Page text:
Cloning in the vegetative state is your best bet because this is when you have the best chances of success with your clone rooting successfully. If you choose to take this route, clone from every plant if you have several, and clearly label them. Then based on the eventual success of your plant, you will know which to dispose of, and which to keep.
If you choose to clone at the point of flowering, take your clone from the bottom part of your plant, and remove all the buds. That way, you will have higher chances of success. The disadvantage of this is that you will not be able to lollipop your plants before you take your clones. Clones taken from flowering plants may also lag a bit, but they end up catching up.
When taking clones in the vegging stage, just before switching to a flowering schedule is ideal. This will also ensure that the mother plant reveals her sex as your plants are starting to form their roots.
How To Clone Marijuana Plants For Best Results
To ensure optimum success in your cloning, stop supplying the mother plant with nitrogen a few days before you take your clones. Nitrogen usually encourages the plant to focus on vegetation, when you will want your clone to focus on growing roots.
After your plant has stayed a few days without nitrogen, you can now take cuttings from it. You will be looking for newly grown branches, which are 5-10 inches long, and have numerous nodes on them.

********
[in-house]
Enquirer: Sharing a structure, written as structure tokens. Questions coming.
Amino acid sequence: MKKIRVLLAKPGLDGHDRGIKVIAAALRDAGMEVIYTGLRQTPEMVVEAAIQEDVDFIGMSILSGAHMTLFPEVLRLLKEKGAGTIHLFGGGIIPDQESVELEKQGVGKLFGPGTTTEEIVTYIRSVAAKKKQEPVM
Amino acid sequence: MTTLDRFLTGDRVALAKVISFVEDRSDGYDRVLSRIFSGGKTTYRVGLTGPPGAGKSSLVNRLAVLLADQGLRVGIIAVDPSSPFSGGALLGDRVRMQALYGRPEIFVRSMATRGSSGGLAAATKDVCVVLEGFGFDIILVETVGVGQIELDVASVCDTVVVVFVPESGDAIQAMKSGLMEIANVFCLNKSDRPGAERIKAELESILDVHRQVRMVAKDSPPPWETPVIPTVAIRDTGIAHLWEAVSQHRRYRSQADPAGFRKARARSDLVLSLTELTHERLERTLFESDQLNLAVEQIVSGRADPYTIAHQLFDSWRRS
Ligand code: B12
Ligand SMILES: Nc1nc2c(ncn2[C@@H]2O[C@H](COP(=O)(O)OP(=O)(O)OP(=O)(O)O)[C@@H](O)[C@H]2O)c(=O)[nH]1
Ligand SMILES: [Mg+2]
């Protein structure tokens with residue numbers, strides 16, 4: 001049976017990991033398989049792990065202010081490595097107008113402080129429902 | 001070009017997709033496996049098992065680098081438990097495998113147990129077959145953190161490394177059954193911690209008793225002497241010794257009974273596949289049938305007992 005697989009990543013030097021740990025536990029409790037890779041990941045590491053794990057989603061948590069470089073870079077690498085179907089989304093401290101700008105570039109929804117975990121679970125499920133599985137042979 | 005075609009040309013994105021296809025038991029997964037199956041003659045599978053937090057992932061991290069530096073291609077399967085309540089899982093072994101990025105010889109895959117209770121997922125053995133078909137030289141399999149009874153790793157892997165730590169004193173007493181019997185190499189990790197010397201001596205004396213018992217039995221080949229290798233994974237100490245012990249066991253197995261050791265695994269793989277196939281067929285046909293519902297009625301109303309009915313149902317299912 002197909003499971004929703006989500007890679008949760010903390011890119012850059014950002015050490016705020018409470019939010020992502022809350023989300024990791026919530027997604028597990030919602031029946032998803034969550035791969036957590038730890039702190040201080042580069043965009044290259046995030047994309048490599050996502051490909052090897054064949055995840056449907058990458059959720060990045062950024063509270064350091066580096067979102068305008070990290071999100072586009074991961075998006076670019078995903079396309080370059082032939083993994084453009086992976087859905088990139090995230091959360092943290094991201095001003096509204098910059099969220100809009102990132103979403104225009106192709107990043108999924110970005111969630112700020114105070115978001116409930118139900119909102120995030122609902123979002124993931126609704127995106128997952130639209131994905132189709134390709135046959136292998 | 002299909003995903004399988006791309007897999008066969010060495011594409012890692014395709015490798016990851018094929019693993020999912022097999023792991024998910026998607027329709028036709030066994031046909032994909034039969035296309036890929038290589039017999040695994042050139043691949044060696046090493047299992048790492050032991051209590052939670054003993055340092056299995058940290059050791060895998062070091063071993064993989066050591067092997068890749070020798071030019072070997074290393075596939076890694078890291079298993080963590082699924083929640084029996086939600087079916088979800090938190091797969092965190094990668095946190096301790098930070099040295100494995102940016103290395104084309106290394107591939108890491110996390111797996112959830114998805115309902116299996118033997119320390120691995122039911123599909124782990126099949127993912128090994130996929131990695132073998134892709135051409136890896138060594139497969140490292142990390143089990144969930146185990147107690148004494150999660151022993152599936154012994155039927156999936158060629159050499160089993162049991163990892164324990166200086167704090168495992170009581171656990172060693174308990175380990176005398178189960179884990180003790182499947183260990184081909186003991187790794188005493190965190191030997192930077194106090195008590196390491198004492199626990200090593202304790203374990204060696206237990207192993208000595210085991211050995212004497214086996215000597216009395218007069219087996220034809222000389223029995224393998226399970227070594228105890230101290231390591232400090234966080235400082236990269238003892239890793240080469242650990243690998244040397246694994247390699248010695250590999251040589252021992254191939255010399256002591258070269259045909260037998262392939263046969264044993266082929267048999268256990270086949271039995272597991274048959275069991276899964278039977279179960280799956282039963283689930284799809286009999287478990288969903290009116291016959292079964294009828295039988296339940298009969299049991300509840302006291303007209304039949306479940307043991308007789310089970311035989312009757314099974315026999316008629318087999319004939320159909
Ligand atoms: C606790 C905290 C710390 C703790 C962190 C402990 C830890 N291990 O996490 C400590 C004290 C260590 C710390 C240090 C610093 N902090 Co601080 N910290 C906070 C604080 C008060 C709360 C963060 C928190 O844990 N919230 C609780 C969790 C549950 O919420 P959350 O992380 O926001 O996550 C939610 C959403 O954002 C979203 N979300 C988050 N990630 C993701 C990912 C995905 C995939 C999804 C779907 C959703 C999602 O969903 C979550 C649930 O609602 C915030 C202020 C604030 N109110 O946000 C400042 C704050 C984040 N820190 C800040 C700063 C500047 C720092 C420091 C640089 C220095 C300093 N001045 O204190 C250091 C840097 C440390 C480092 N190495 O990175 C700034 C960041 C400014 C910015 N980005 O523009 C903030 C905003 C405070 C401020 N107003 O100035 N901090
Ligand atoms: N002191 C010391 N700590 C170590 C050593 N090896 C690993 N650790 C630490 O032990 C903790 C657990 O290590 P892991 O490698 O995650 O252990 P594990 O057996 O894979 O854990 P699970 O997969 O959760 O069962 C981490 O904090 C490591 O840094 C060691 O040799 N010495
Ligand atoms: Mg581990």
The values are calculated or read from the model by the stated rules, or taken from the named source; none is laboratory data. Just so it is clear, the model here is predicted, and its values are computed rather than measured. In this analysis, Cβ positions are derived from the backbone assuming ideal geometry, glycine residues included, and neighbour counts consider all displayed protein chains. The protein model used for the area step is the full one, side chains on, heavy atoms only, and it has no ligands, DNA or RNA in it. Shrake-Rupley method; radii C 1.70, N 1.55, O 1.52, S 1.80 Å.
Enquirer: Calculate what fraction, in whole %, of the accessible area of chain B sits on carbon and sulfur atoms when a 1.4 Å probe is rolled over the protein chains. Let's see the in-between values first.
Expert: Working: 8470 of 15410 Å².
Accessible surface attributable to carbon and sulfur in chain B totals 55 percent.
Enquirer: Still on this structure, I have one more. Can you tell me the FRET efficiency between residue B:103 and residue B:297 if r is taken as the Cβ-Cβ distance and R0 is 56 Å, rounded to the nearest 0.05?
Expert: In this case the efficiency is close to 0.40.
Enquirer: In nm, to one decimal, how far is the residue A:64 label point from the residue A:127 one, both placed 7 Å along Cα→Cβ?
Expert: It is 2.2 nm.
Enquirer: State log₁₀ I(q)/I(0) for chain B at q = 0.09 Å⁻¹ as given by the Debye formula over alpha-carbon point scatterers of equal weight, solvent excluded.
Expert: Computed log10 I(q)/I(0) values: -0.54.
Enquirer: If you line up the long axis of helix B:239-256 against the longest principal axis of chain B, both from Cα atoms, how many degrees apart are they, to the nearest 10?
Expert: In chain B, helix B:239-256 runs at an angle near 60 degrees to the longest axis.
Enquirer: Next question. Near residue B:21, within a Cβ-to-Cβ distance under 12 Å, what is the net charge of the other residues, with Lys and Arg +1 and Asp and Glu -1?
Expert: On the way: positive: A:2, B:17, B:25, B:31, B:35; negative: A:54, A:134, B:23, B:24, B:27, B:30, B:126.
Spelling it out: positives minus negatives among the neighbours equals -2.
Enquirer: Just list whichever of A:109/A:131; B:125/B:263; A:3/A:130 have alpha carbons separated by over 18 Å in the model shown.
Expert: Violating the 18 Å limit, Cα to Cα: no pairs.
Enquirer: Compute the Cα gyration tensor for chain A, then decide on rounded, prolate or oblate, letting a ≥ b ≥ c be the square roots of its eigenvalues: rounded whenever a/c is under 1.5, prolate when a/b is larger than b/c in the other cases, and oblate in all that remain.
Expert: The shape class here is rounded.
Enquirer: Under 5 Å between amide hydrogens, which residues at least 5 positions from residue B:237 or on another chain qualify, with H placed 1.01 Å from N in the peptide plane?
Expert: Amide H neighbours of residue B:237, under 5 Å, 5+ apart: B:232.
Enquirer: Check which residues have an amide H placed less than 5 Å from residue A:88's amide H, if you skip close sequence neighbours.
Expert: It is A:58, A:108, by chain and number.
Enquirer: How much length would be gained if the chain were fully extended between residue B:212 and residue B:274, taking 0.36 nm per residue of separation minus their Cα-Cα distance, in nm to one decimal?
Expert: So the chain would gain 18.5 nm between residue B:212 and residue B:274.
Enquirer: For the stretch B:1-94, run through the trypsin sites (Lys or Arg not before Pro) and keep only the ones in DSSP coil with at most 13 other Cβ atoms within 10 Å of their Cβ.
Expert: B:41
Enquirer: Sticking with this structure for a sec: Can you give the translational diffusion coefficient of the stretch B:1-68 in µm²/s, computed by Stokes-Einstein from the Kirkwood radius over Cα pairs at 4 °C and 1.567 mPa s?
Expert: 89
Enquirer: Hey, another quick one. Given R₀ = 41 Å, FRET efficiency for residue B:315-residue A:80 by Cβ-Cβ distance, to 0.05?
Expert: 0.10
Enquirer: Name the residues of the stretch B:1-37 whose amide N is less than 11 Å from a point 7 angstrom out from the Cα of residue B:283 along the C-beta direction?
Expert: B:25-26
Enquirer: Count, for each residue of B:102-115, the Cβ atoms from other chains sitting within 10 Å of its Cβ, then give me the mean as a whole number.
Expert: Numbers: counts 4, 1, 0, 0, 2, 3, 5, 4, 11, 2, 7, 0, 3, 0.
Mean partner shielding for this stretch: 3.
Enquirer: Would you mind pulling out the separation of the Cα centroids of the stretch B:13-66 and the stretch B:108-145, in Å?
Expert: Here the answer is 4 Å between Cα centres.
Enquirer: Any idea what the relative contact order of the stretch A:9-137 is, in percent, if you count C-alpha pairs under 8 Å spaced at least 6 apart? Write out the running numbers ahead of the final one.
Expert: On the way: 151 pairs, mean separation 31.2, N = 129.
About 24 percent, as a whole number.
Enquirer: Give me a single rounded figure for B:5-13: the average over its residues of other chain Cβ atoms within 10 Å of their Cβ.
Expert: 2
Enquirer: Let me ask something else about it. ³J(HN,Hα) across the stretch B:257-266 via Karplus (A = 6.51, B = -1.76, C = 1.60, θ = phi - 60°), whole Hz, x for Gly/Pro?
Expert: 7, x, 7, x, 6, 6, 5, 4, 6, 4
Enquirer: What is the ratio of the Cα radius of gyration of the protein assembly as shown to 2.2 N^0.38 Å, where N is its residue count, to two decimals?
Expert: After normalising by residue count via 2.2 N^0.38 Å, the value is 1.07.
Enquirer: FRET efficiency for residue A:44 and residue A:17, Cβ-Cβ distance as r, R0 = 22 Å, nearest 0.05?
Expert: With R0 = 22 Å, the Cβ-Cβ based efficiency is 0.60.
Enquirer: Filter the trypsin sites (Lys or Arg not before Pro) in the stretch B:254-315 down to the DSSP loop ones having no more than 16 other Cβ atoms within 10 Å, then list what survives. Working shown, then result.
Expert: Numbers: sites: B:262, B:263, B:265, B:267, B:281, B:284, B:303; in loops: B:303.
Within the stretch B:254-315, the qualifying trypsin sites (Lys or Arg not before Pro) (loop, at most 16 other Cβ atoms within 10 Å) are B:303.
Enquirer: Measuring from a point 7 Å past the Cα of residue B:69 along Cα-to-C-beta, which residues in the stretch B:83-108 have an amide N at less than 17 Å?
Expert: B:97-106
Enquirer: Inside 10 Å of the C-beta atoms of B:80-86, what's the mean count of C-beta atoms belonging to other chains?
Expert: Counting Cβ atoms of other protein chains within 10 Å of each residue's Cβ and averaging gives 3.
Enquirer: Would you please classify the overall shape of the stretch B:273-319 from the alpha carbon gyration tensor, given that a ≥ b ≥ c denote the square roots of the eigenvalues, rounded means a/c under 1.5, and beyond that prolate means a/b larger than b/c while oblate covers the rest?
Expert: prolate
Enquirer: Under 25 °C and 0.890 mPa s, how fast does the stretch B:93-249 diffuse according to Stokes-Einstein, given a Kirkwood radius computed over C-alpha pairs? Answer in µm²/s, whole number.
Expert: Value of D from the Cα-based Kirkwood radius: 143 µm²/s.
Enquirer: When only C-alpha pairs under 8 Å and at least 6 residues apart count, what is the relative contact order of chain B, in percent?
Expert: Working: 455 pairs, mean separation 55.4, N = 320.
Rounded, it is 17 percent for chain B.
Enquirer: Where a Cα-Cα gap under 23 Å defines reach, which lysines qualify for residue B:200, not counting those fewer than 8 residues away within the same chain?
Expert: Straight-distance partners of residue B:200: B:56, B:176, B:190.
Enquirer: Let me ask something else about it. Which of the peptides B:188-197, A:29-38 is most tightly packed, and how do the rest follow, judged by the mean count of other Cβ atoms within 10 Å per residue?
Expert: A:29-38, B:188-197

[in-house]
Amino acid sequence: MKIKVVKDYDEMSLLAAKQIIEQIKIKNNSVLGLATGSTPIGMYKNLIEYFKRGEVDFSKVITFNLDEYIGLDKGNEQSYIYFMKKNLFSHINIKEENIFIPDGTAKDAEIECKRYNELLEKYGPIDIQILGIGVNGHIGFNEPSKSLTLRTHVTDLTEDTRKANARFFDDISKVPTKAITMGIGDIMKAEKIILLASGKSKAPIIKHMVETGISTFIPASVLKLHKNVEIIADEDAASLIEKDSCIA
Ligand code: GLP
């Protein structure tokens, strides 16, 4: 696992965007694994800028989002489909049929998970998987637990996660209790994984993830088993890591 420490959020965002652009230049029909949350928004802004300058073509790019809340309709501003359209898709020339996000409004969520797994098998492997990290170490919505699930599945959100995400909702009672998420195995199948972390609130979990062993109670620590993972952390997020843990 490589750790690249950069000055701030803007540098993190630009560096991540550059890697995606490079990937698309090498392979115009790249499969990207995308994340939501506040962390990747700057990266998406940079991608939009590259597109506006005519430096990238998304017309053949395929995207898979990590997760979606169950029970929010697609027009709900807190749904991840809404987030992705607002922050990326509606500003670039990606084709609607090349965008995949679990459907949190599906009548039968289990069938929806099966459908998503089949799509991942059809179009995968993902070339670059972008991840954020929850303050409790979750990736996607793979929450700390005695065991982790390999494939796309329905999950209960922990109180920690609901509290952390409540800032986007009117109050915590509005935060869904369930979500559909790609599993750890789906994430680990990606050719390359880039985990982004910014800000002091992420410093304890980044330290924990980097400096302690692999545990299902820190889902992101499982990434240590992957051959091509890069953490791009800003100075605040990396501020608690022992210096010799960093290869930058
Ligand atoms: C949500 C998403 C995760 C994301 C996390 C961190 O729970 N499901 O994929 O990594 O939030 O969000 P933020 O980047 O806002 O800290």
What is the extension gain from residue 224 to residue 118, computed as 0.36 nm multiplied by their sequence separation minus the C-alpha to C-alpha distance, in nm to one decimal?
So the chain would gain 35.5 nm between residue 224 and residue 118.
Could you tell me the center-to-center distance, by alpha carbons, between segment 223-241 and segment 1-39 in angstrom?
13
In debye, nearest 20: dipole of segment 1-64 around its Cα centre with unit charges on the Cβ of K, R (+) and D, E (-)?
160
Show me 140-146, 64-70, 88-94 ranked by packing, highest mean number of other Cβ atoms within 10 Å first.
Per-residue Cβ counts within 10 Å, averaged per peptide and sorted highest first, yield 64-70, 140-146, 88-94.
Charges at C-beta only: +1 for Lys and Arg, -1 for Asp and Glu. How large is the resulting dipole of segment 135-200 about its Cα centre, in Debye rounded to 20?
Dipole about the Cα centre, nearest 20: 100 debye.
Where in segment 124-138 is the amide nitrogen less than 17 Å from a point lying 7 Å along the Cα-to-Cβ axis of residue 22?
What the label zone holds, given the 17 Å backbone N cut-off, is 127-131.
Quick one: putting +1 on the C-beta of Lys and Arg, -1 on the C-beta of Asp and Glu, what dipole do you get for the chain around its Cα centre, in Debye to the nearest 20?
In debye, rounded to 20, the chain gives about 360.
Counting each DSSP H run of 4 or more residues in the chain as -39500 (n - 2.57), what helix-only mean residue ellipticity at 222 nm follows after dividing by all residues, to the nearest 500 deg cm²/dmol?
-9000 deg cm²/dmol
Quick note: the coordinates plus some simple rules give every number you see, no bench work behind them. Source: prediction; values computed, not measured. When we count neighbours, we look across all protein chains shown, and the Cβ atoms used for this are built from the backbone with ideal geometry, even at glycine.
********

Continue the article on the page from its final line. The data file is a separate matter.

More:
The lower down the plant they are, the better. This is because branches which are nearer the roots have a higher amount of rooting hormones, which will help you successfully root your clones speedily.
You also want to take more cuttings of each plant than you think you might need, as some do not root successfully.
When preparing the clones, cut the branches at a 45 degree angle. What this does is that it increases the surface from which roots can sprout. Making small vertical cuts at the bottom of the clone to open it up a bit also increases the chances of rooting. Also, ensure you use a very sharp and sterilized object to cut. A sharp razor is ideal for this as scissors tend to crush the branch, causing great injury. If you have to use scissors, ensure they are sharp enough to make a clean cut.
Once you have your cutting, remove the larger fan leaves to ensure all the energy goes towards creating roots, and not feeding these leaves.
Dipping the ends of your cutting in rooting gel, if you can get it, will also increase the chances of your clone rooting successfully. It also aids in the speeding up of the formation of roots.
How Do You Root Your Cutting?
The best rooting mediums are water, rockwool, and soil.
At the beginning, water is a good place to start. Water is a simple method as it does not require items like rockwool cubes, and pots of soil. It also saves on space.